Dr Phil Smith’s Wildlife Notes
In my article on “wildlife in winter” for Formby Civic News (December 2015), I mentioned that one of the most striking features of recent winters has been extreme weather. Thus, December 2010 was the coldest for 100 years, while the same month in 2012 produced a deluge, with extensive flooding. More records were set in December 2013 with the highest storm surge since 1953 causing serve erosion. Continuing the pattern, December 2015 was one of the wettest and mildest since records began. I noted no frost at all throughout the month; indeed the average temperature nationally was about 5oC higher than usual. We did not share the severe flooding that occurred just up the road in north Lancashire and Cumbria but about twice the expected rainfall led to a recharge of the sand-dune water-table to something approaching normal winter levels. I monitored this at the Devil’s Hole by digging a hole in the deepest part of the slack and measuring the distance to the water surface at intervals. By the end of the month, there was 5cm depth of water in this area (see graph on th e right, though only about 5% of the slack was flooded. Appropriately for the almost sub-tropical conditions, Sefton Rangers found a whole Coconut covered in Goose Barnacles washed up on Crosby beach on 4th.
As usual, much of my time was spent writing up summer field work, one report updating my Inventory of Vascular Plants for the Sefton Coast. Despite over 150 years of botanical recording, we are still finding new plants here, as many as 17 being added this year. It brings the coast total to 1361 flowering plants and ferns, of which 1213 have been recorded in the sand-dunes. Over 200 of them are regionally or nationally notable. Based on available records, Sefton supports a greater variety of wildflowers that any other sand-dune area in northwest Europe.
The best part of three days was spent giving evidence on behalf of the Lancashire Wildlife Trust at public hearings on the Sefton Local Plan. The Plan recommends the development of several designated and proposed Local Wildlife Sites, to which the Trust has objected. Many of the participants severely criticised various environmental impacts of the Plan but it remains to be seen whether this will influence the Inspector.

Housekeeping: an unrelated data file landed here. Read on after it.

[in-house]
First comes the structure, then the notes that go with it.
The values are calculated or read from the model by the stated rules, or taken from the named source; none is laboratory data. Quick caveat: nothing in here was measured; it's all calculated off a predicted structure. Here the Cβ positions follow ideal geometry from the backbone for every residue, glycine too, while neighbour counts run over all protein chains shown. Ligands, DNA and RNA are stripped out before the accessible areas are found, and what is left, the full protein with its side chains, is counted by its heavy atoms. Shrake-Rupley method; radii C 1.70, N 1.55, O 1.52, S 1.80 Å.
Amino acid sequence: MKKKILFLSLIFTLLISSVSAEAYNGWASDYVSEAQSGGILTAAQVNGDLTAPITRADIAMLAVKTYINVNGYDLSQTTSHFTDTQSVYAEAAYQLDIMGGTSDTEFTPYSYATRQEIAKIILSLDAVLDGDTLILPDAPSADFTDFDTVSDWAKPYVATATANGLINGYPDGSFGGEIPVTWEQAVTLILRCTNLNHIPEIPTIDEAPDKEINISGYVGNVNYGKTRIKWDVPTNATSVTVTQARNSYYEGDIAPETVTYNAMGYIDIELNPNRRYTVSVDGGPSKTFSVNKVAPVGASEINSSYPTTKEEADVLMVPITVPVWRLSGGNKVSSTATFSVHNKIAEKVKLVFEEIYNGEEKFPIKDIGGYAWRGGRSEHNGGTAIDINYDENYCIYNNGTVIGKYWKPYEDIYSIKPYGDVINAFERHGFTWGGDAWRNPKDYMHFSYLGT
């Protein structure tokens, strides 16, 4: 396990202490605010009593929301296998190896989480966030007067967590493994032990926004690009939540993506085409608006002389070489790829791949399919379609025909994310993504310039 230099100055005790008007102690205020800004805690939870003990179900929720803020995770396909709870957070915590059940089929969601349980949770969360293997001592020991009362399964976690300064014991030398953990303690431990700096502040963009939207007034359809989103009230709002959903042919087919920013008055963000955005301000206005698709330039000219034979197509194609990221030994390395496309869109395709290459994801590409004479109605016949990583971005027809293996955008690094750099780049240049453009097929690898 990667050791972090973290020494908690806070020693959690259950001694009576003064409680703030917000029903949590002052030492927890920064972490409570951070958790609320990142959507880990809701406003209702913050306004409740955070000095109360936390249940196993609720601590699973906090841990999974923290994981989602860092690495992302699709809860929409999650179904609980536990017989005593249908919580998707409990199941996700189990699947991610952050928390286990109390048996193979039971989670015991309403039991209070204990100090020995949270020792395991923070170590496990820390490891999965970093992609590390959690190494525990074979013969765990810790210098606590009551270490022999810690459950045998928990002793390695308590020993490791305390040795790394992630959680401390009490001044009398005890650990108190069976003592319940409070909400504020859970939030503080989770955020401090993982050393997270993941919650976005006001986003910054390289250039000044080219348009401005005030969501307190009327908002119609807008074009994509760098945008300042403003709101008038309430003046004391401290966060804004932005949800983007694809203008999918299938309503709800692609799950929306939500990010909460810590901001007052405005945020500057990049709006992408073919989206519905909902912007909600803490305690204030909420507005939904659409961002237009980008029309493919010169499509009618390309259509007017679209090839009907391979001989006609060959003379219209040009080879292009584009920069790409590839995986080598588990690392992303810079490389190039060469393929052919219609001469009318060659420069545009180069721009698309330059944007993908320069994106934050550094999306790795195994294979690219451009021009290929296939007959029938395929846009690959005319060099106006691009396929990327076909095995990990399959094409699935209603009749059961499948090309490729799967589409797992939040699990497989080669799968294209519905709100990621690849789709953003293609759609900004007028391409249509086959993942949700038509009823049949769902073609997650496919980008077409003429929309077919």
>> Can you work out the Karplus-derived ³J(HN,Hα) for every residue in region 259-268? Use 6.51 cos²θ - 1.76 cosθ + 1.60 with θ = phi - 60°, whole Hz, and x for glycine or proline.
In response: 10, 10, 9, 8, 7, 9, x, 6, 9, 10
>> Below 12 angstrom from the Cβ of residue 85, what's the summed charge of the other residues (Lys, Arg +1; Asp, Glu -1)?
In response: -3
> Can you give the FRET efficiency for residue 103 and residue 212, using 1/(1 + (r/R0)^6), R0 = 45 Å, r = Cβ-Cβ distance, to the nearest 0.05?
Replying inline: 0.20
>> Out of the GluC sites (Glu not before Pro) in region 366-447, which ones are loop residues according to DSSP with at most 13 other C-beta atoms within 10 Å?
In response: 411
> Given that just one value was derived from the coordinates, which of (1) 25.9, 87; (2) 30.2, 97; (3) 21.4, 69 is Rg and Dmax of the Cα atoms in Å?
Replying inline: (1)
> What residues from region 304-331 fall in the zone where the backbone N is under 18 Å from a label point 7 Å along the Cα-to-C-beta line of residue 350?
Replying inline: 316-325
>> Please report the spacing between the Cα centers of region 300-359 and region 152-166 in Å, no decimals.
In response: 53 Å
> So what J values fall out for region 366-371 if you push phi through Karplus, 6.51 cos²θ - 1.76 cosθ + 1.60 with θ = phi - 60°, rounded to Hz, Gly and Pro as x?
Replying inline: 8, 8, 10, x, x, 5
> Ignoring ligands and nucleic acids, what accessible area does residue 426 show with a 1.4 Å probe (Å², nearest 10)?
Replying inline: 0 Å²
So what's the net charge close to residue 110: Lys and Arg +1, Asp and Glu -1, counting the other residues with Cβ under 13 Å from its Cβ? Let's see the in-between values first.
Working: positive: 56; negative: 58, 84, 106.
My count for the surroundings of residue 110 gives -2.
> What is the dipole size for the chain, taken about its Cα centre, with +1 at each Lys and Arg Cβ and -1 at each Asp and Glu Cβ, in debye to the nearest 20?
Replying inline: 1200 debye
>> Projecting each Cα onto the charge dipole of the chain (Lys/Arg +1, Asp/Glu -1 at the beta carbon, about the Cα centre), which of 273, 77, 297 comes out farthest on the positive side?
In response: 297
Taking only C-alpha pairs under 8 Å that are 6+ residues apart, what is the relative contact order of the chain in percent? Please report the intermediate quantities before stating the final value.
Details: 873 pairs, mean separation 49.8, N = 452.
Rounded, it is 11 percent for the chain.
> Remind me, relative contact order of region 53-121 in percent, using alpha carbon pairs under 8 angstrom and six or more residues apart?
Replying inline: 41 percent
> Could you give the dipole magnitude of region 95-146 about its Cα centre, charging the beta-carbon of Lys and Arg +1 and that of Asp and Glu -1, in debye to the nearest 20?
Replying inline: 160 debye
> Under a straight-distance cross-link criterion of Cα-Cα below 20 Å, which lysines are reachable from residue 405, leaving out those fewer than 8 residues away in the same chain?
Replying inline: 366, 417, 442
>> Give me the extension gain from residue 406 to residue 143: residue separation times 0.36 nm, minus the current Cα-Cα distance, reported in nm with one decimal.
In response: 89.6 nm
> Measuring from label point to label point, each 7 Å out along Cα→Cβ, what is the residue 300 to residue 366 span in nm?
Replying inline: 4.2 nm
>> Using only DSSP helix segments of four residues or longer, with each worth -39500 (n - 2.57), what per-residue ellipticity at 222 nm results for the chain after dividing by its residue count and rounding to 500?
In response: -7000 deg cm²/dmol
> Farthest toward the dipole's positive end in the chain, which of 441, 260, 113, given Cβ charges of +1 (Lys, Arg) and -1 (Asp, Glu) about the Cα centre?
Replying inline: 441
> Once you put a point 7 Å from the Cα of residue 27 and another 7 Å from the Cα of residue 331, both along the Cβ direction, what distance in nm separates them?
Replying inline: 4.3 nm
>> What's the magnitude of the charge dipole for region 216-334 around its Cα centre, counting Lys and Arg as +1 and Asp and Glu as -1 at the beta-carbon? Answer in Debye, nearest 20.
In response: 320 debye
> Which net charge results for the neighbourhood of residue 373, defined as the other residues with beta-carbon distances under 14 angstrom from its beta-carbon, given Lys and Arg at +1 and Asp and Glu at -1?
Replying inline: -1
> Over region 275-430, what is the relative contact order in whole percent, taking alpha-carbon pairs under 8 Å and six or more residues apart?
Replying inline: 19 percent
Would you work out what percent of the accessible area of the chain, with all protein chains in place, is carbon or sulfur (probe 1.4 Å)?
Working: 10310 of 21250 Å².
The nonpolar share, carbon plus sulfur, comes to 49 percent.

Also time-consuming were several sessions helping to supervise the excavation of shallow scrapes for Natterjack Toads at Ainsdale Sandhills Local Nature Reserve. One of three new scrapes is an impressive 50m across in a slack previously infested with Sea Buckthorn. Funded through the Sefton Landscape Partnership Scheme, another large scrape was dug on the New Green Beach in an area where Natterjacks have struggled to breed successfully in recent years.
December bird-watching was generally uneventful but Sands Lake, Ainsdale held a Great Crested Grebe for a day or two. Here, the usual winter flock of Tufted Ducks barely reached double figures due to the mild conditions. Stonechats were prominent in several duneland areas, these perky little birds surviving better in warmer winters. Flooding at Marshside attracted two Scaup to join the usual Tufted Duck flock. It also concentrated a surprisingly large number of Brown Hares onto small areas of dry ground. I counted ten from Marshside Road. Meanwhile, the Weld Road saltmarsh at Birkdale produced my first Jack Snipe of the winter. A pair of Grey Partridges at Ainsdale dunes was a rare sight and a reminder of the massive decline suffered by this once common species. A rare excursion inland one afternoon found me at Lunt Meadows, the new Wildlife Trust reserve. The place was packed with birders attracted by the presence of several wintering Short-eared Owls. It required patience but, eventually, two owls showed well in the gathering gloom.